Microsoft officially ended the Small Business Server (aka SBS) to the chagrin of many smaller companies wanting in-house control of their data at a reasonable cost. With this move the cost of having an in-house solution for email & data went up by $3000 or more. I’ll explain the changes and how you can make a new SBS that will at least do the same job as before.
SBS was unique in it allowed the Domain Control & Exchange to co-exist on the same server, normally this didn’t work.. Exchange doesn’t like being on a DC. The new method means every company needs 2 servers in their office or move email to the Cloud, as we know in Canada that’s not going to work (unless you have no email from the government or government contracts which REQUIRE your mail & server be in the country).
The new solution is a computer powerful enough to run 2 servers, one normally and the 2nd virtually. Windows Server Essentials 2012 will be the base machine and another copy of Server 2012 Standard runs as a VM (but not a DC) and there resides the Exchange server. Many other changes are also needed and the setup is much longer and of course the server more complicated. Instead of the $900 + licenses (past 5) on SBS you now have $500 for Essentials (upto 25 users), $1000 for Standard but also $900 Exchange & $110/user.
Of course setting up 2 servers takes longer (even if one is virtual), the hardware is more expensive and you need a few extra parts (like a VM drive for Exchange). All in all an in-house system went from about $6000 (hardware, software & labour) to about $10,000. You can no longer buy SBS 2011 but for those with a copy you could keep it running on new hardware for a least a few more years (after all SBS 2003 just ended it life).
Gizmodo (a tech savy company that offers layman explanations about the latest gizmos) while underwhelmed by the new iPad2 thought they have some fun with the non-tech. This fun was giving a regular iPad2 user a ‘new iPad’, which was actually an old iPad2 but they were TOLD it was the new version. The sad part is the apple consumer wanted the ‘new iPad’ because it was the new version, even though it was the same as the one they already owned.
Read the Gizmodo article here:
Upgrading a computer workstation (home or office) can be a real gamble. Not only is it a good deal of cash the time and energy to move all your data, programs and re-do all your settings is significant. Sadly, far too often, the performance increase isn’t worth the cost as a clean install will oftne do the same thing and save you nearly $1000.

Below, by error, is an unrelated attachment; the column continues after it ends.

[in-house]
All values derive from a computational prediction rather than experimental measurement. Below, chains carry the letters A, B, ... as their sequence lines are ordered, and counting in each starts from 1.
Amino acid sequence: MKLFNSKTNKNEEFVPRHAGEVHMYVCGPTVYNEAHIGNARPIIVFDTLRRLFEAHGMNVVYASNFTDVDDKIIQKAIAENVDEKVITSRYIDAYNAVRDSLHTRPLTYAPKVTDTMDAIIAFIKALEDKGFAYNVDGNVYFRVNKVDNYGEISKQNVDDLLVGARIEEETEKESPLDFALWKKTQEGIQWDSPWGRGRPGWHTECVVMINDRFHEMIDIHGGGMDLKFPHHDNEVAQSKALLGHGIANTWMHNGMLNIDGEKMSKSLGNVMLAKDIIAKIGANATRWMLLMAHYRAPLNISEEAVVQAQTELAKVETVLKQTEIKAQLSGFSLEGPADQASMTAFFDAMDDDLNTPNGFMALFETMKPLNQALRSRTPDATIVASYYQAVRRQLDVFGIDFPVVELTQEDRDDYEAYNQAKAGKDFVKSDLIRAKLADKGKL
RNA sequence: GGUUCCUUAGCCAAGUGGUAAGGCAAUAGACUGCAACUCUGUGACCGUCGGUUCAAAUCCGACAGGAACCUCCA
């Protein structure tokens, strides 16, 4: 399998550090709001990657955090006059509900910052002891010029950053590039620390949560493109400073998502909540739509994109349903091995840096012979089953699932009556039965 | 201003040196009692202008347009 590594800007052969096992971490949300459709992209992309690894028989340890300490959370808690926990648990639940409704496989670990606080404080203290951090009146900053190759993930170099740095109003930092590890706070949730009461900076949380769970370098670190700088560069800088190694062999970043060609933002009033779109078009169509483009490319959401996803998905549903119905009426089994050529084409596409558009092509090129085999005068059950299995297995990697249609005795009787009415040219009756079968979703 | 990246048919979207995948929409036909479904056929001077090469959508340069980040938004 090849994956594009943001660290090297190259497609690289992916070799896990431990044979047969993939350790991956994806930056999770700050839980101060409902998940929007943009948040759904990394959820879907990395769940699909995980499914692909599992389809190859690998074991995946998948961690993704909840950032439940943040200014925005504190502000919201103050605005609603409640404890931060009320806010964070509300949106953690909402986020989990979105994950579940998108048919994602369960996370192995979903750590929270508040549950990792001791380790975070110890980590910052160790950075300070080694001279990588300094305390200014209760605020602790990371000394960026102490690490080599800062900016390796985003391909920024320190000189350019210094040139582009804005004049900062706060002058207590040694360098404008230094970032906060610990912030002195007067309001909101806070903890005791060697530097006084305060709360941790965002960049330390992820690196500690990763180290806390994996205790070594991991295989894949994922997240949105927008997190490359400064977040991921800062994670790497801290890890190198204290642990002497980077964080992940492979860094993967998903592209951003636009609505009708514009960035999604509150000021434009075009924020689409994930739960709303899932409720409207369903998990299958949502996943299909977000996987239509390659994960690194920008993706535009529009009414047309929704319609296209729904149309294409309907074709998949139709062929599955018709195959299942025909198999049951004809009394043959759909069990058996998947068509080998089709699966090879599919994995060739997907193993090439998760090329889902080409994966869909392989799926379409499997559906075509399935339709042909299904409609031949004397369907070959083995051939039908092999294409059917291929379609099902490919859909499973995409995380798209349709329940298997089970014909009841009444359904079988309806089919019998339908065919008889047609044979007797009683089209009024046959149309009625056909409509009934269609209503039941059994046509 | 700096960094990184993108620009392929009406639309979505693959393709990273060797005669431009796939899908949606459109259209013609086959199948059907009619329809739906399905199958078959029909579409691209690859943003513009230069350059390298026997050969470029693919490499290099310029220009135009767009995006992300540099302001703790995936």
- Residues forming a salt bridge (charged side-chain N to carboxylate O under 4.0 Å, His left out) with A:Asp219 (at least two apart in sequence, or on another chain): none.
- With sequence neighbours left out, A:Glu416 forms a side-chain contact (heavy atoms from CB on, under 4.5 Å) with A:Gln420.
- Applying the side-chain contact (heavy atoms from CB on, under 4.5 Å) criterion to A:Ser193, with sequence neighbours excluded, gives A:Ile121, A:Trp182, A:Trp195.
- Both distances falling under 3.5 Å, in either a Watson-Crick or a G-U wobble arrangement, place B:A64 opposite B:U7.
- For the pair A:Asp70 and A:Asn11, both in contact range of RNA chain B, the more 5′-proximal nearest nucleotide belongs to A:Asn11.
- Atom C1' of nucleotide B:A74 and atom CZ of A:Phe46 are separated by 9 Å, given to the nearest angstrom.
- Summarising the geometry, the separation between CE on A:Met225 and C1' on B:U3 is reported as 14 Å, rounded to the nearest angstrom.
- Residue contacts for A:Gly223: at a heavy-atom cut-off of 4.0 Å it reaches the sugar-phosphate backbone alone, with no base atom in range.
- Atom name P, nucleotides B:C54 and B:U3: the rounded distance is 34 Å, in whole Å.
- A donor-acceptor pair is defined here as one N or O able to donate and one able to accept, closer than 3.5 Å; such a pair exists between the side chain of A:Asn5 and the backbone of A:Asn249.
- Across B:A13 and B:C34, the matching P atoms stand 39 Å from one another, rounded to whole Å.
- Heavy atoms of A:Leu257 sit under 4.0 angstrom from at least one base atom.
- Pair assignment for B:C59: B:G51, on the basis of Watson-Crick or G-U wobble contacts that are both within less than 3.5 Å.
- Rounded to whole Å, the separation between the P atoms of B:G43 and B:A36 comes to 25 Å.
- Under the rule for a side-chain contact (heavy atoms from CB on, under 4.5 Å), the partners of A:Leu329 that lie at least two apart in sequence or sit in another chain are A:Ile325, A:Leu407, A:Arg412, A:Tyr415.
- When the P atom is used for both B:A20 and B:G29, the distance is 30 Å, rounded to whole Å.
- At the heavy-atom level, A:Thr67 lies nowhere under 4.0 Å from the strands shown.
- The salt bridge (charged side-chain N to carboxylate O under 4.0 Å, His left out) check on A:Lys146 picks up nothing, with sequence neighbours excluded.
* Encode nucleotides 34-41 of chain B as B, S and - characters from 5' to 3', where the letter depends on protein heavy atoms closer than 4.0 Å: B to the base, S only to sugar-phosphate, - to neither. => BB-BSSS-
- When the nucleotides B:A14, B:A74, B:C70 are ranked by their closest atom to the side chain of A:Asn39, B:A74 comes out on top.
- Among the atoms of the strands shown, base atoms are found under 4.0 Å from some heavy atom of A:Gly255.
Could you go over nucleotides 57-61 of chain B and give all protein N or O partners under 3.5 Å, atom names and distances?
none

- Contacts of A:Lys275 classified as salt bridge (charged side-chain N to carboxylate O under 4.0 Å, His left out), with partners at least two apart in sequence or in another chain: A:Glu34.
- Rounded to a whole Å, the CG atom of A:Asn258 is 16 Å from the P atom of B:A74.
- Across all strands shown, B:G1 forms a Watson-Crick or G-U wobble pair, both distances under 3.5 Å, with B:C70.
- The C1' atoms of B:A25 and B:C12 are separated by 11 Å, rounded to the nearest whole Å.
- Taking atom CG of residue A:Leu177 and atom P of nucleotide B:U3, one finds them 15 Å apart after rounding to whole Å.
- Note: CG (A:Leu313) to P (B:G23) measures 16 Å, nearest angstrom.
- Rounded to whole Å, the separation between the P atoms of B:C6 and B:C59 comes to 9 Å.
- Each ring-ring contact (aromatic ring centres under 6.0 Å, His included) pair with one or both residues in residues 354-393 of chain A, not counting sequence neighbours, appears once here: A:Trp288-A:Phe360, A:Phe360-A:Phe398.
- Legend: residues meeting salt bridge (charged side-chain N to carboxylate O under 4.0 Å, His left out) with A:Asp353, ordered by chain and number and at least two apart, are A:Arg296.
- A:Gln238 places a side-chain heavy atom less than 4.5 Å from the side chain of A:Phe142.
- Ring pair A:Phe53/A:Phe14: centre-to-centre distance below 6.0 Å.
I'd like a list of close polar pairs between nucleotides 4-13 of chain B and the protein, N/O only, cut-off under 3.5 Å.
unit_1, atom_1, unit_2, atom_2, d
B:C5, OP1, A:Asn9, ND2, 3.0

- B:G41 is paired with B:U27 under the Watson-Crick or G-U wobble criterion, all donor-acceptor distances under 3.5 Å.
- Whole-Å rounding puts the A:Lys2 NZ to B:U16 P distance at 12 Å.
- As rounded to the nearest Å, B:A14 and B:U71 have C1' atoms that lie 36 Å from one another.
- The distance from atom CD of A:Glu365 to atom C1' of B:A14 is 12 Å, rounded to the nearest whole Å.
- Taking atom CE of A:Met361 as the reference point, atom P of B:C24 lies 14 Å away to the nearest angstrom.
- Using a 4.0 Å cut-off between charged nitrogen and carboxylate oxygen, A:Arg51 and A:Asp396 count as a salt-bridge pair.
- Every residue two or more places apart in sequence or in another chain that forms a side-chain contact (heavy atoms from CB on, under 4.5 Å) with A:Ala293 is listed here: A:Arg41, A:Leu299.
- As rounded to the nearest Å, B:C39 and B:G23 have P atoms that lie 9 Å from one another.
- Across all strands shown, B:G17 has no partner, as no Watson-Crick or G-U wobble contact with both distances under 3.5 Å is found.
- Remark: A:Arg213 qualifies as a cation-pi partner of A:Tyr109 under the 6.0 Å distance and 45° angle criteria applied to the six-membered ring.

This however (the machine below) will make a HUGE difference in your performance:
Intel Core i5 2500 Quad Core Processor LGA1155 3.3GHZ
ASUS P8H67-M PRO/CSM Motherboard
Mushkin 8GB 2X4GB DDR3-1333 Dual Channel Memory Kit
OCZ Vertex 3 120GB Solid State Disk Flash Drive
Samsung Black DVD Writer
Antec Three Hundred Case 300 ATX Front USB & Audio
Sparkle Power Supply W/ 120MM Fan
Samsung S23A300B 23IN Widescreen LCD Monitor
Logitech MK200 Media Keyboard and Mouse Combo USB
Microsoft Windows 7 Professional 64BIT DVD OEM
Microsoft Office 2010 Home and Business English
From NCIX this complete computer is less than $1400. Being one could skip a few pieces if you already have them (OS, screen, keyboard) the price can get down to about $600 for the basic computer. The SSD and the timed CPU/Memory/Motherboard are the key, it’s runs lightning fast and is rock solid reliable. The only upgrades needing consideration to this beasty.. add in a mechanical 1TB+ Western Digital Caviar Black for storage and an NVidia video card.
As you may remember the system requirement from XP to Vista meant you had to buy a new machine and be prepared for it to actually perform worse than your older XP computer. Luckily Windows 7 gained some performance back but with the 64bit version you can upgrade easily and efficiently for less than $400 (not including software).
Windows 7 likes more memory and 4GB will fit in most older machines also with the 64bit version the old memory limit disappears. Thanks to dropping prices, $100 will buy you 4GB of memory and if your motherboard can handle it 8GB is less than $200. For example: NCIX 4GB DDR2 Memory
The next big performance jump is an SSD (Solid State Drive). For about $250 you have a very fast 120GB drive (use as the OS Drive) and can use your old drive as the data drive (makes migration really easy). SSD read much faster than the older mechanical drives but write speeds are about the same, this makes booting and loading programs very quick. Here’s a few examples of SSD: NCIX Solid State Drives
Lastly you need the new operating system, Windows 7 Professional 64bit. If you are buying a drive I suggest you get the OEM version and save a good deal of money ($160 vs. $325 but you need a storage device purchase to qualify). The ‘Home’ version lacks the domain abilities, no point in getting 32bit and Ultimate is over priced. Some examples: NCIX Microsoft Operating Systems
The actual upgrade process is about 2 hours and you’ll have a dual-booting system (BIOS selectable) and be mildly stunned how much faster it is. Consider getting MS Office 2010 Home & Business if you’re still using a 2003 version of Office, it’s worth the upgrade and you get 2 license for about $300.